Tuktuks in Cambodia are a bit different than the ones we took years ago in Thailand and Indonesia: not factory produced, 3 wheel taxis. Instead the Cambodian tuktuk looks like a wooden carriage style trailer attached to any 100-125cc motorcycle. At more than 125cc, a driver license is required - so you don't really see that. IMG_7652.jpg
Tuktuks are the ideal transport for us as tourists because you can look out the open sides and see the countryside go by while the moving air cools you down. Plus, they are cheaper than cars and other transport. Win win!
The driving in Siem Reap was a lot less wild than we remembered in other countries. It actually seemed like there might be a speed limit. We arrived at the hotel and checked in. It seemed pretty dead and it took us about an hour to figure out why... the pool was thick with dark green algae and was completely unrecognizable from the pictures online. 838cffea-a..bd798fbc549.jpg
The pool was the main reason we choose this hotel but we were too tired and hot to Transfer right away, so we committed to one night.
After a shower and a nap, we flagged down a tuktuk and went to the central tourist district to check out other hotels, grab a meal, and have some drinks on "Pub Street". 232D3514EC90FF9FA2C72ADBFAF37D46.jpg Our first drinks: Angkor beer (the local brand) along with a cheap crocodile stirfry over rice, which was delicious. 232E20C4A0B9F9E975FB5AC201152037.jpg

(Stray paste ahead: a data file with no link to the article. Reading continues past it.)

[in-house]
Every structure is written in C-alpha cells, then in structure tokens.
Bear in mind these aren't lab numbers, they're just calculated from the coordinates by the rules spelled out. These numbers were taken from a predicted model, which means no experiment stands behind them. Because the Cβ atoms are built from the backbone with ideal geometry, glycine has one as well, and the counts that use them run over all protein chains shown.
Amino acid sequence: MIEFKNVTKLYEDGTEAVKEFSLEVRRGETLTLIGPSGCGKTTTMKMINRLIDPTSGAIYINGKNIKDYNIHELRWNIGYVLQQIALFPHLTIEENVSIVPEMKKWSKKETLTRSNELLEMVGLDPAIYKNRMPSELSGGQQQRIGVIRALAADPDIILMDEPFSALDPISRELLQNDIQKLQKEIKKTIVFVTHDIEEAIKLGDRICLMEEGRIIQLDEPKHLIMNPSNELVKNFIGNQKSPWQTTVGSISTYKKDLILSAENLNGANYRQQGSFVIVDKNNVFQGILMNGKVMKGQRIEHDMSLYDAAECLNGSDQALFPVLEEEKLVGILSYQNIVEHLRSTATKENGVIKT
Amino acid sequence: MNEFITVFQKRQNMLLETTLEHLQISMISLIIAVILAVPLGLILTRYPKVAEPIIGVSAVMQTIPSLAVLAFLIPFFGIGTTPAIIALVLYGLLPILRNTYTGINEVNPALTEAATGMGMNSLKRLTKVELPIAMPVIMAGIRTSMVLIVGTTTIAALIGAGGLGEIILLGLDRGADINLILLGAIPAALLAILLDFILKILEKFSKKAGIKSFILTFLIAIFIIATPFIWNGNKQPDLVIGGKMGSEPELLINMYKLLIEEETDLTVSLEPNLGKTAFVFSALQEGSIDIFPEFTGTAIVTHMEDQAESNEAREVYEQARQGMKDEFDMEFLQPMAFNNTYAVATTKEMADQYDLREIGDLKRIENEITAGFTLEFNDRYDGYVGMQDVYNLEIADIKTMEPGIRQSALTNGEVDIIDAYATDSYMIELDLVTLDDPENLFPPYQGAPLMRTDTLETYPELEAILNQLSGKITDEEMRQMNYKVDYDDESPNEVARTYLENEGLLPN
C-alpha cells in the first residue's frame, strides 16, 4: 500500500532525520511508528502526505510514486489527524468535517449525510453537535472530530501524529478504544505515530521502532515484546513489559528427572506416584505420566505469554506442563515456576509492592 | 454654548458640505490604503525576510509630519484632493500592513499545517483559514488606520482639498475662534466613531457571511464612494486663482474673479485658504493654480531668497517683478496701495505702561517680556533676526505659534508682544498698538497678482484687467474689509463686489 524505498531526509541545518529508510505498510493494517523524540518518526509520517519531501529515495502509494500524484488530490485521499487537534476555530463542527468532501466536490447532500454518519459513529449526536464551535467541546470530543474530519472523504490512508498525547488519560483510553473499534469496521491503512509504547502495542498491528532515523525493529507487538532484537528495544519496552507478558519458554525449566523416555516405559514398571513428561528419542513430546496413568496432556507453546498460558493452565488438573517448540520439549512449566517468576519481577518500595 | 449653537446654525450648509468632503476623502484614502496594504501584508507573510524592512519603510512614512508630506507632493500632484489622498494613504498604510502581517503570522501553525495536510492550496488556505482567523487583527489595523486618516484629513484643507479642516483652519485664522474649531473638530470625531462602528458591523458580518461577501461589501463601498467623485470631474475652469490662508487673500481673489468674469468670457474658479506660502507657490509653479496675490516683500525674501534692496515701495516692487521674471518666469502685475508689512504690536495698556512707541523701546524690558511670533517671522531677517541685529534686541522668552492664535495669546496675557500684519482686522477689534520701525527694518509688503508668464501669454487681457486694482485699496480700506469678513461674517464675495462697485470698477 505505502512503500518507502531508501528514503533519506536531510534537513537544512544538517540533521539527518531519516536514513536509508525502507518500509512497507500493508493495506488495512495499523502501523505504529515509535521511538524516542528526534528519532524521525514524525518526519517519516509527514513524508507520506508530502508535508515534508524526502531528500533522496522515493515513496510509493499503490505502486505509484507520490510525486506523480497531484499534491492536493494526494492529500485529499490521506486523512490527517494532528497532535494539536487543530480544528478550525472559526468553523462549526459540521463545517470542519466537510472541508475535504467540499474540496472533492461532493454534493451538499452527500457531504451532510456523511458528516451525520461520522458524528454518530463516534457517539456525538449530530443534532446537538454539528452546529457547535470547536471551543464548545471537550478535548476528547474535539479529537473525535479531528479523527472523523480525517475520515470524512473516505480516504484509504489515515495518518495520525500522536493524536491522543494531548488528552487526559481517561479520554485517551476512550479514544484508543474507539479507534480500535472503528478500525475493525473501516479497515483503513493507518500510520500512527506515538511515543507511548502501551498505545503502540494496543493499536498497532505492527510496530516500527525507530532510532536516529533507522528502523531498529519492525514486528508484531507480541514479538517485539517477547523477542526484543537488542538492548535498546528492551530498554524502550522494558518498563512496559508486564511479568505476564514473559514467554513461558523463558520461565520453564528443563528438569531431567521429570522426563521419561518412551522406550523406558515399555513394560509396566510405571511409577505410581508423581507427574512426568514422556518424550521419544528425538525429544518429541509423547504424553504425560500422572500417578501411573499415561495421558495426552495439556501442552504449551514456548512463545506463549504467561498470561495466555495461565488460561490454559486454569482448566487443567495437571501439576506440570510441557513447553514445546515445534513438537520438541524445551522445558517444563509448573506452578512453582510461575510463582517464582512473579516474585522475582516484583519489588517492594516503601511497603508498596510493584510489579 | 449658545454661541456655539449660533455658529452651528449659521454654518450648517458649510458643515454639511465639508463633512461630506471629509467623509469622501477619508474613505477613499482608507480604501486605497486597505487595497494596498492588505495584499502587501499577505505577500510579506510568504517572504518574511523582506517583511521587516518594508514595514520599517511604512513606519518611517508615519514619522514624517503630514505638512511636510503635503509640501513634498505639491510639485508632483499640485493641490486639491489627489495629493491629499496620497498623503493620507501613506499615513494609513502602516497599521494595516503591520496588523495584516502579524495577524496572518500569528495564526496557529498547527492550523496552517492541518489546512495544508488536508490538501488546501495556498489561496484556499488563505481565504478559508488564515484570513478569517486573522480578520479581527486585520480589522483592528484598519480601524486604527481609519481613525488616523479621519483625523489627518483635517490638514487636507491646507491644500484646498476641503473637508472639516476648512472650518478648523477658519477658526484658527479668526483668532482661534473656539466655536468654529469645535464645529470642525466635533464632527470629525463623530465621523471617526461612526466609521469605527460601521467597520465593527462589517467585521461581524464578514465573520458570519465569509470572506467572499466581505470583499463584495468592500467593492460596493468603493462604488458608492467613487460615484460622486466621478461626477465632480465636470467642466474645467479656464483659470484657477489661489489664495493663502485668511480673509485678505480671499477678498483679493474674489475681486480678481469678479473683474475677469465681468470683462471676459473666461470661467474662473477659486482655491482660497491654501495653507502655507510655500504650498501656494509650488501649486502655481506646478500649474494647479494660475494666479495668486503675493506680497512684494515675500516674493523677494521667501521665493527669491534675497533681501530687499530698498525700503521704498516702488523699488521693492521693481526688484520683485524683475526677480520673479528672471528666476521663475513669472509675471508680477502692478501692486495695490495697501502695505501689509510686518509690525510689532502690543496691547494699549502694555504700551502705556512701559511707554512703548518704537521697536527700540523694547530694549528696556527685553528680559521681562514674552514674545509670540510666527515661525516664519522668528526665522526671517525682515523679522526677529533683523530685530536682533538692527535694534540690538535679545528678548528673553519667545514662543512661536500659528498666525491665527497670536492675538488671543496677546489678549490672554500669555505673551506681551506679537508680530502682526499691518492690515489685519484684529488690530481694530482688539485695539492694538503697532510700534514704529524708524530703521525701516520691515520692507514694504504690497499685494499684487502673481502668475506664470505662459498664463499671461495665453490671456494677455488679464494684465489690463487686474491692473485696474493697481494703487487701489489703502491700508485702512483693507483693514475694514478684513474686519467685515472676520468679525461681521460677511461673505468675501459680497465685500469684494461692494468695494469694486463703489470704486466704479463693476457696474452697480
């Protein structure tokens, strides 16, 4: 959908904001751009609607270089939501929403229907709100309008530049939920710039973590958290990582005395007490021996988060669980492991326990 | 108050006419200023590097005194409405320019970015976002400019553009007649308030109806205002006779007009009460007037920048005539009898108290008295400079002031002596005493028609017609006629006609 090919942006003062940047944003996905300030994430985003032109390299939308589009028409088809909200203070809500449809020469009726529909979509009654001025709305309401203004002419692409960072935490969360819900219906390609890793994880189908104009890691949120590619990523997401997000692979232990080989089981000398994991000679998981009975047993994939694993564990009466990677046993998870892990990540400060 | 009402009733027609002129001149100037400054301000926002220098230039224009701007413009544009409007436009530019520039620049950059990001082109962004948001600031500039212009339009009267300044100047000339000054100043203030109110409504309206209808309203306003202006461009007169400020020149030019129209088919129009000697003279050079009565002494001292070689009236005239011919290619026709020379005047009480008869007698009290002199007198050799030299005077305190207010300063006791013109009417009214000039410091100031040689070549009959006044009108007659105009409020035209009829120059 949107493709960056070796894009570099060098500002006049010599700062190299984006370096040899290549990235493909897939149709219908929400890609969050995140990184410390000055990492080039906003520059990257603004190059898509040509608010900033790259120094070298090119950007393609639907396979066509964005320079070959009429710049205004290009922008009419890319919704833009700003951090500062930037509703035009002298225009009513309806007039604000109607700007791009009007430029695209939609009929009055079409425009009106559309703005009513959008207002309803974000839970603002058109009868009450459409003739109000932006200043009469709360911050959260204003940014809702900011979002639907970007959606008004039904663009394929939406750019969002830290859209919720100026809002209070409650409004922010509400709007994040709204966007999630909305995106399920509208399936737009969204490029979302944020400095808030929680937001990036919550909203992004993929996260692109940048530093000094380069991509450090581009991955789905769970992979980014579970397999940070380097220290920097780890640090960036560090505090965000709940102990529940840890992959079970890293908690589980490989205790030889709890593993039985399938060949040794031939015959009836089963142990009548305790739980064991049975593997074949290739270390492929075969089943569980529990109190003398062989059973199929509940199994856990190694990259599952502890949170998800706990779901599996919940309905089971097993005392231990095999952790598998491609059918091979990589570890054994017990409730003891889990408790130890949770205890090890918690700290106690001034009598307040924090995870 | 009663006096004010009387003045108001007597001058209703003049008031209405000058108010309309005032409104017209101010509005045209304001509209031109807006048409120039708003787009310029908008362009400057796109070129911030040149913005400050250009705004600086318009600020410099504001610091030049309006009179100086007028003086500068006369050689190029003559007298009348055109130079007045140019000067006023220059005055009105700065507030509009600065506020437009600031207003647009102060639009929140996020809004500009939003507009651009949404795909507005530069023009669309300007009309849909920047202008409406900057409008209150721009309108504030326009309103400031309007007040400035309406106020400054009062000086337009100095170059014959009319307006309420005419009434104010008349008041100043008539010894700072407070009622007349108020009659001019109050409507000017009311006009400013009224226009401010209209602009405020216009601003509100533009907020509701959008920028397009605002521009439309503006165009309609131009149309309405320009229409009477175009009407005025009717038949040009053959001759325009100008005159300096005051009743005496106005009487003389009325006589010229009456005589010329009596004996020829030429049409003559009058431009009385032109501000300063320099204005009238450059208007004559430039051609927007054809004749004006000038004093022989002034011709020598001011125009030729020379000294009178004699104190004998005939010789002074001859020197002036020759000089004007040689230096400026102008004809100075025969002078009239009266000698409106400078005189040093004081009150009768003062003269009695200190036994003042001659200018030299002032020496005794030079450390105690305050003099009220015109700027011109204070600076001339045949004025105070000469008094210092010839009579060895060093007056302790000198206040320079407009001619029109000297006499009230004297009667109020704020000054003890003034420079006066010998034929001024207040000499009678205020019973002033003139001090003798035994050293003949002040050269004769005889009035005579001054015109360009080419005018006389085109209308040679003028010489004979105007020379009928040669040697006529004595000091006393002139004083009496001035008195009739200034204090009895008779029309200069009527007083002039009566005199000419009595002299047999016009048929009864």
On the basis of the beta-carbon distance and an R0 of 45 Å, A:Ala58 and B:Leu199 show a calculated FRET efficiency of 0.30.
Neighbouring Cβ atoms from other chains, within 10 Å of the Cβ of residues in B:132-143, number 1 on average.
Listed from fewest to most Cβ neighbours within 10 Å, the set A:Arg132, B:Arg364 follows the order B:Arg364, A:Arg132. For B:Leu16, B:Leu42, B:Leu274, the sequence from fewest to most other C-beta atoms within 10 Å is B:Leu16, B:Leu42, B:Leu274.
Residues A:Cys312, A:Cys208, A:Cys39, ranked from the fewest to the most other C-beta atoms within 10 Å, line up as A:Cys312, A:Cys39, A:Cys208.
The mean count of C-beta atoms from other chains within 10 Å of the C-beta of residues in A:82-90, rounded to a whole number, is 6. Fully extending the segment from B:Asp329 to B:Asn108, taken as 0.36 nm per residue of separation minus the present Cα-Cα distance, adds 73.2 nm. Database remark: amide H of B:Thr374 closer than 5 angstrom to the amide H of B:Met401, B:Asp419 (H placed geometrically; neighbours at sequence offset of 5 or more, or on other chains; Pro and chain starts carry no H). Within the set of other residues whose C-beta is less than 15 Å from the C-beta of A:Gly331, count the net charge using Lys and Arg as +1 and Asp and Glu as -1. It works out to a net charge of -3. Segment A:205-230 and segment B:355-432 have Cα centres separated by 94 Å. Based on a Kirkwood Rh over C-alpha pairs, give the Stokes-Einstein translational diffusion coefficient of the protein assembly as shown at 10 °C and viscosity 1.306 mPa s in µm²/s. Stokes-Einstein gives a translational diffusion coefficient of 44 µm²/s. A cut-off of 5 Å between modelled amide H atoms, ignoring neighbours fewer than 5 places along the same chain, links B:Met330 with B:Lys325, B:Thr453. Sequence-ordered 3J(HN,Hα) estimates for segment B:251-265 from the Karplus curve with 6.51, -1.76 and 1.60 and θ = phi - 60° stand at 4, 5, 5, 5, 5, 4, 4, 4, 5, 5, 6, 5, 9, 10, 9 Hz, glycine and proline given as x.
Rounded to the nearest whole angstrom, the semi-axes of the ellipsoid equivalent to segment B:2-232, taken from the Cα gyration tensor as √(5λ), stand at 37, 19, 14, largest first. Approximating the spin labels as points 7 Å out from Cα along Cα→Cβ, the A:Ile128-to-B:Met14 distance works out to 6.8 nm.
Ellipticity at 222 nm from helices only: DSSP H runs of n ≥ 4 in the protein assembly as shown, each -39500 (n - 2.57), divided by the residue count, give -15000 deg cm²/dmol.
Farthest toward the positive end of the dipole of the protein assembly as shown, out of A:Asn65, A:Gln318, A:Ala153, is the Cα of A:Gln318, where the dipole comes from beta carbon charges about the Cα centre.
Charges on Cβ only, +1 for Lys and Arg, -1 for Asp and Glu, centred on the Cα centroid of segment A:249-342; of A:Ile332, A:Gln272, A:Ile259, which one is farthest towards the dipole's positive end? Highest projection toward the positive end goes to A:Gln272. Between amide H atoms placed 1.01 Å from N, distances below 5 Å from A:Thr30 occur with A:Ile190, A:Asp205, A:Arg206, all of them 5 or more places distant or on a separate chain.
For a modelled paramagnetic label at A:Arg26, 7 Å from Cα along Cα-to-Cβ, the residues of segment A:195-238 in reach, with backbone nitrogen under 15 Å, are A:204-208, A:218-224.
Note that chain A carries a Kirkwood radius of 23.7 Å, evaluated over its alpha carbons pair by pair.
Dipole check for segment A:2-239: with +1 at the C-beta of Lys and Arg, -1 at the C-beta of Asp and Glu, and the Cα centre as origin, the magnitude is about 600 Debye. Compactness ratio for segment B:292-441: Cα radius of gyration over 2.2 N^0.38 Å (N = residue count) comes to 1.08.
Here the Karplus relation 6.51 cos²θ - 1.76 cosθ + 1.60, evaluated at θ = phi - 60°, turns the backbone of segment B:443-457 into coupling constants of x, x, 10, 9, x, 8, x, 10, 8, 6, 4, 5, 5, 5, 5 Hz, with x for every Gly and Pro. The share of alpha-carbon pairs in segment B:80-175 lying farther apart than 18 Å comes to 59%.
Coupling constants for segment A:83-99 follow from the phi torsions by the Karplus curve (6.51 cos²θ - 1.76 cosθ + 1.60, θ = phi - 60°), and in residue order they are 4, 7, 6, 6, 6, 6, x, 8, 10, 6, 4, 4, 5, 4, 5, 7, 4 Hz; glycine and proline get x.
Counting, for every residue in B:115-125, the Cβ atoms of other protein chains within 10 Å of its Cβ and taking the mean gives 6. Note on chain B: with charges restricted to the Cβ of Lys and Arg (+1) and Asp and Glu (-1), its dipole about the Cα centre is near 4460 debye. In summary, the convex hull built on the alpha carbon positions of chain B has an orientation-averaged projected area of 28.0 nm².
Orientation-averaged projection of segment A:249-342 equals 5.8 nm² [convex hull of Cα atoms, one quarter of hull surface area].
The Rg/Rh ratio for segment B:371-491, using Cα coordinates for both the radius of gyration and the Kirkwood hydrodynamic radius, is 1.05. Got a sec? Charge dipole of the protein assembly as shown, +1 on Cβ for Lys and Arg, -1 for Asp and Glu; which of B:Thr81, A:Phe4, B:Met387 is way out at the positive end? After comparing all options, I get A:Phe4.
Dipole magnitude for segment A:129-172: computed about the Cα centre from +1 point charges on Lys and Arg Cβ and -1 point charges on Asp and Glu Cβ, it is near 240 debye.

The bill? $6.25 for two mains and three beers. We could definitely have done worse.
We tried out the fish pedicure for $2 each which included a free beer too, that was really weird feeling at first but a neat experience. 231AE52ED248AAAF16415D94937FD3D3.jpg We found a great hotel with a beautiful pool and they told us to come back around 1pm tomorrow to check for a vacancy. 231BD6360061D9D1D1FEBF92235F2B6F.jpg A little more walking around and taking in the city before heading back to the hotel around 1am. 231CB5D0FB6112AF3070CE4F9044ED08.jpg

March 12, 2018
It's taking us a few days to work through the jet lag. The 35 degree afternoons don't help - napping is definitely attractive to beat the heat. The pool is lovely and the swim up bar is great too. IMG_7431.jpg
Street food is around $1.75 for beef noodles with fresh veggies and beers are sixty cents. Great ingredients for staying fuelled up while wandering around town. 2331C3AFC15E82F02B433EC007861A38.jpg

Posted by Casualodyssey 18:28 Archived in Cambodia Tagged travel cambodia angkor tropical hot asia southeast reap siem Comments (0)